1"Femtosecond Laser Induced Periodic Surface Structure on Diamond Film", Wu, Ma, Fang, Liao, Yu, Chen, Wang, Applied Physics Letters, vol. 82, No. 11, pp. 1703-1705 (2003); and.
2"Laser Induced Periodic Surface Structure: Experiments on Ge, Si, Al, and Brass", Young, Preston, vsn Driel, and Sipe, Physical Review B, vol. 27, No. 2, pp. 1155-1172 (1983).
3"Self Organixed Nanogratings in Glass Irradiated by Ultrashort Light Pulses", Shimotsuma, Kazansky, Qui, Hirao, Physical Review Letters, vol. 19, No. 24, pp. 247205-1 to 4 (2003).
4"Ultraviolet Laser Induced Periodic Surface Structures", Clark and Emmony, Physical Review B, vol. 40, No. 4, pp. 2031-2041 (1989).
Referenced by
Citing PatentFiling datePublication dateApplicantTitle
US7875414 *Sep 25, 2003Jan 25, 2011Canon Machinery Inc.Cyclic structure formation method and surface treatment method
US8263899Jul 1, 2010Sep 11, 2012Sunpower CorporationHigh throughput solar cell ablation system
US8513045Jan 31, 2012Aug 20, 2013Sunpower CorporationLaser system with multiple laser pulses for fabrication of solar cells
US8586403Feb 15, 2011Nov 19, 2013Sunpower CorporationProcess and structures for fabrication of solar cells with laser ablation steps to form contact holes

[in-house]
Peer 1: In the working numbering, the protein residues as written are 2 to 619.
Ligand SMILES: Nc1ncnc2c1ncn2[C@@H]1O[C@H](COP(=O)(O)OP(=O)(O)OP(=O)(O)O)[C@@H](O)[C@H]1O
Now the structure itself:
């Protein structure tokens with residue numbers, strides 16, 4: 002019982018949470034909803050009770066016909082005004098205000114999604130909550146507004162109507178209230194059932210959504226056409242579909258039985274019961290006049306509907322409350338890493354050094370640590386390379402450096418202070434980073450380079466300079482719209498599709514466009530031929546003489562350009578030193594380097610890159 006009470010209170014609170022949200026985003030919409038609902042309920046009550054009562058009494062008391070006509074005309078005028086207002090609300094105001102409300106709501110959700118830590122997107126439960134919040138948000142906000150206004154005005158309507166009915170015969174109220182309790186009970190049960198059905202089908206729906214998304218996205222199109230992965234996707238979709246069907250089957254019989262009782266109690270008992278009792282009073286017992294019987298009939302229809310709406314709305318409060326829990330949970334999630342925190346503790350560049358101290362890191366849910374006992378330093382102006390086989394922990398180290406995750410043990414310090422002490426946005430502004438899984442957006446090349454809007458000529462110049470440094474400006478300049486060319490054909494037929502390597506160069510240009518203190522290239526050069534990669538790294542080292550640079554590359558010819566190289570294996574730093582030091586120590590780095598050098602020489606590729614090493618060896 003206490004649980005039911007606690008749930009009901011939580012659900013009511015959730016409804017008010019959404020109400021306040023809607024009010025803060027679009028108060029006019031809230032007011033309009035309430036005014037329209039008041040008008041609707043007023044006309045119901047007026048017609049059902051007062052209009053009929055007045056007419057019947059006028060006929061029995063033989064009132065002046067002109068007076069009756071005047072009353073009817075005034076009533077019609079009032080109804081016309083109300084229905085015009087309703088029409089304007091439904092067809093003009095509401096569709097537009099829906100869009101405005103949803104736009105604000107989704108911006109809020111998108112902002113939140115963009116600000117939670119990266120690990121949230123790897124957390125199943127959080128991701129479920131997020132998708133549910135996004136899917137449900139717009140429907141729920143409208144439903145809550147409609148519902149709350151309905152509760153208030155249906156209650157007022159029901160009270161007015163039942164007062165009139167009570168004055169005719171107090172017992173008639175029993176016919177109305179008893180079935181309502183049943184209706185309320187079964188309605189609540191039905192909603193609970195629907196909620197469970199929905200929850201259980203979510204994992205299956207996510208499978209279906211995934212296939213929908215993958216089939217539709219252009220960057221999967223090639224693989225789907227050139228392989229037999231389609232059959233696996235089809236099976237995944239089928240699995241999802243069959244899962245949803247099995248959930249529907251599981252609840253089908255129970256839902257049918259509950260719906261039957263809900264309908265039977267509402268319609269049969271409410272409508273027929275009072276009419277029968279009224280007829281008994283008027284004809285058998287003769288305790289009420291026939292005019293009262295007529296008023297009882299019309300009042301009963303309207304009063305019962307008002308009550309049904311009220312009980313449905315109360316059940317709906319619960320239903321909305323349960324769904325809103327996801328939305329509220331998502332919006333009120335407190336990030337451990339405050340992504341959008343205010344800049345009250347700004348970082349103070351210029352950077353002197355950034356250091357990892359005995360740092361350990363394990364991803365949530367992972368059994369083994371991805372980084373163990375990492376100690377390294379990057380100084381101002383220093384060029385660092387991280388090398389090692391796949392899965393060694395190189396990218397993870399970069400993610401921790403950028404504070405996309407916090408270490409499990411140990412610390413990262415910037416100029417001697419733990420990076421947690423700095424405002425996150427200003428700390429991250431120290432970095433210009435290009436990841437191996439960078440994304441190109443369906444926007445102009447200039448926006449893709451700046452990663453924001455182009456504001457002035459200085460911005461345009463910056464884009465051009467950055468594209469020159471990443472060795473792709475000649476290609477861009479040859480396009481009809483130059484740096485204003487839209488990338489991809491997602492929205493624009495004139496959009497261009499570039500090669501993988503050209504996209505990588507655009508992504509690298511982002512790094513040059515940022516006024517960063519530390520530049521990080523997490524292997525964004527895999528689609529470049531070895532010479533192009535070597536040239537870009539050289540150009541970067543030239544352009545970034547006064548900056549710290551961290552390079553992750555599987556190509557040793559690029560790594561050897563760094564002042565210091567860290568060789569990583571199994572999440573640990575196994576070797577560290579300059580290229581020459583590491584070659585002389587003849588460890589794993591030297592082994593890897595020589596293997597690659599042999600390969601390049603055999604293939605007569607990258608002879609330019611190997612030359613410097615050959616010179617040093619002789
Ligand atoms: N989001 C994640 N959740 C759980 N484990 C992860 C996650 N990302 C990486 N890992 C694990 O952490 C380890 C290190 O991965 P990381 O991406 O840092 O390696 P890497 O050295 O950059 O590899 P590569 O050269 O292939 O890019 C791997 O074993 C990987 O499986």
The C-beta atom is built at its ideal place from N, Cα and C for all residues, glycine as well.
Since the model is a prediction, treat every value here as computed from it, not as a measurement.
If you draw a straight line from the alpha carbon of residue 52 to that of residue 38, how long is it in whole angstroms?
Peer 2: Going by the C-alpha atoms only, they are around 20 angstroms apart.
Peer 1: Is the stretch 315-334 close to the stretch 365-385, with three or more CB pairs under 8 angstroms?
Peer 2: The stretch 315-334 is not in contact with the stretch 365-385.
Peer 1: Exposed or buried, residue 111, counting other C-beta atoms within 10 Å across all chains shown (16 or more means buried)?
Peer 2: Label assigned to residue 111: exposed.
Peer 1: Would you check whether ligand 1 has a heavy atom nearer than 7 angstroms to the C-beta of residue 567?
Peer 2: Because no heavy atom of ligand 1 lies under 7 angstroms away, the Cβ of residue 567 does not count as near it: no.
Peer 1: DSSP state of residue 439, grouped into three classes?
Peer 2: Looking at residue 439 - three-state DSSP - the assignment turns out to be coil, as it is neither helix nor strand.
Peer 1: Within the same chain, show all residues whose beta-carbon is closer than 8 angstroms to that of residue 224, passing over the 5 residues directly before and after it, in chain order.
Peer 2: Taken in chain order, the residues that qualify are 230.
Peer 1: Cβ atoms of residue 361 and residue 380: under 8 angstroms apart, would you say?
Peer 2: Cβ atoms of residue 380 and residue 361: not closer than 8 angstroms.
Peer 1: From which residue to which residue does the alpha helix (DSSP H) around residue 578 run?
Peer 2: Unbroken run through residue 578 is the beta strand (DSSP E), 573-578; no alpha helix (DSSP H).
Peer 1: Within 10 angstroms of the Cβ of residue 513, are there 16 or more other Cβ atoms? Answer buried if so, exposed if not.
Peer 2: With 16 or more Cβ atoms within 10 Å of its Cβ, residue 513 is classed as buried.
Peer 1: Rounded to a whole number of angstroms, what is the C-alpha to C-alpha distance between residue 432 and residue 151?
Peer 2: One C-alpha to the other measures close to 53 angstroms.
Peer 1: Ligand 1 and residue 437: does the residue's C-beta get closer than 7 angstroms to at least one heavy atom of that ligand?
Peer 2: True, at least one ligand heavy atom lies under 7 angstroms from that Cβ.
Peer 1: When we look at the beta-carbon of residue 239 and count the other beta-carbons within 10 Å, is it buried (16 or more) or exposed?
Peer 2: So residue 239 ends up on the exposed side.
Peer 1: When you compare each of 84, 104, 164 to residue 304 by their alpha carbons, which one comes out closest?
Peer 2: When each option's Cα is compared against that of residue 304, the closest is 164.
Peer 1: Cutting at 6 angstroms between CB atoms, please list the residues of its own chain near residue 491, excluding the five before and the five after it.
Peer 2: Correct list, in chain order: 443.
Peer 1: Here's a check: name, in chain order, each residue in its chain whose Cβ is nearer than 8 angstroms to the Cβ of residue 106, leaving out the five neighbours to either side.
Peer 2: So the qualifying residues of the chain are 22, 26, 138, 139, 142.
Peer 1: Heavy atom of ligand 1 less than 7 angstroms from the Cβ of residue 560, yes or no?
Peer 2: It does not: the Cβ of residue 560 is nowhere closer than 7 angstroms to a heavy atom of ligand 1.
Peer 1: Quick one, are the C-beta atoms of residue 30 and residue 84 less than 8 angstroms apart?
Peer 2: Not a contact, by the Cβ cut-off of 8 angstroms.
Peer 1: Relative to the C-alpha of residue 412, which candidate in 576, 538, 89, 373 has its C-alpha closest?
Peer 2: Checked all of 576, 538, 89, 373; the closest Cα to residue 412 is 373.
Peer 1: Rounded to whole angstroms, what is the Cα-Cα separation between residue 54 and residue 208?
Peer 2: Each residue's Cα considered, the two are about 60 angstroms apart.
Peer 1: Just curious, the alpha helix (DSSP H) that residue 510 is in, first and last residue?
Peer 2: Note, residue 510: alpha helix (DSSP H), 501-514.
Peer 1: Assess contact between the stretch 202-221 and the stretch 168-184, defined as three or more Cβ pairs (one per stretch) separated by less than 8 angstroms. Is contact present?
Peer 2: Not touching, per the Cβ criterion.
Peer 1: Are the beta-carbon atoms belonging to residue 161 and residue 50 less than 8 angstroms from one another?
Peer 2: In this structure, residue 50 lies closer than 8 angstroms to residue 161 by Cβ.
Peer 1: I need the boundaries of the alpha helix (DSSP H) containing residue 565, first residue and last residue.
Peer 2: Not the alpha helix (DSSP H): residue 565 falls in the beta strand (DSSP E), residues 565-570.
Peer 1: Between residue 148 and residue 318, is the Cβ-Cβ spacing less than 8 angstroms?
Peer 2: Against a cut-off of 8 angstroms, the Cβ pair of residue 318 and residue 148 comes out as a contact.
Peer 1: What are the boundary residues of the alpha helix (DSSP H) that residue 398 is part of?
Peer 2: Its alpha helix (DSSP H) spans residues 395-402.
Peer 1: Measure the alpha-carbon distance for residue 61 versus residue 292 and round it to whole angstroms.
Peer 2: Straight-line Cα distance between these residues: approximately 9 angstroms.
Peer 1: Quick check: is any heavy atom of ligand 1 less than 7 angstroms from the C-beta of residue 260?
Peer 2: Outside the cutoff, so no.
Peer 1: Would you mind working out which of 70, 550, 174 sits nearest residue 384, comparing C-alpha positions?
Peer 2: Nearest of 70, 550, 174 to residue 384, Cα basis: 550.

US8692111Nov 16, 2011Apr 8, 2014Sunpower CorporationHigh throughput laser ablation processes and structures for forming contact holes in solar cells
Classifications
U.S. Classification430/5, 219/121.68
International ClassificationG03F1/00, B23K26/00
Cooperative ClassificationB23K26/0635, G02B27/286, B23K26/0665, B23K26/06, B23K26/4025, B23K26/0648, B23K26/0639, G03F1/0092
European ClassificationB23K26/06H, B23K26/06C, B23K26/06C3, B23K26/06, B23K26/40B, B23K26/06B4B, G02B27/28C
Legal Events
DateCodeEventDescription
Jun 8, 2014LAPSLapse for failure to pay maintenance fees
Jan 17, 2014REMIMaintenance fee reminder mailed
Jan 18, 2007ASAssignment
Owner name: INTERNATIONAL BUSINESS MACHINES CORPORATION, NEW Y
Free format text: ASSIGNMENT OF ASSIGNORS INTEREST;ASSIGNOR:WAGNER, ALFRED;REEL/FRAME:018770/0119
Effective date: 20061106
Owner name: INTERNATIONAL BUSINESS MACHINES CORPORATION,NEW YO
Free format text: ASSIGNMENT OF ASSIGNORS INTEREST;ASSIGNOR:WAGNER, ALFRED;REEL/FRAME:18770/119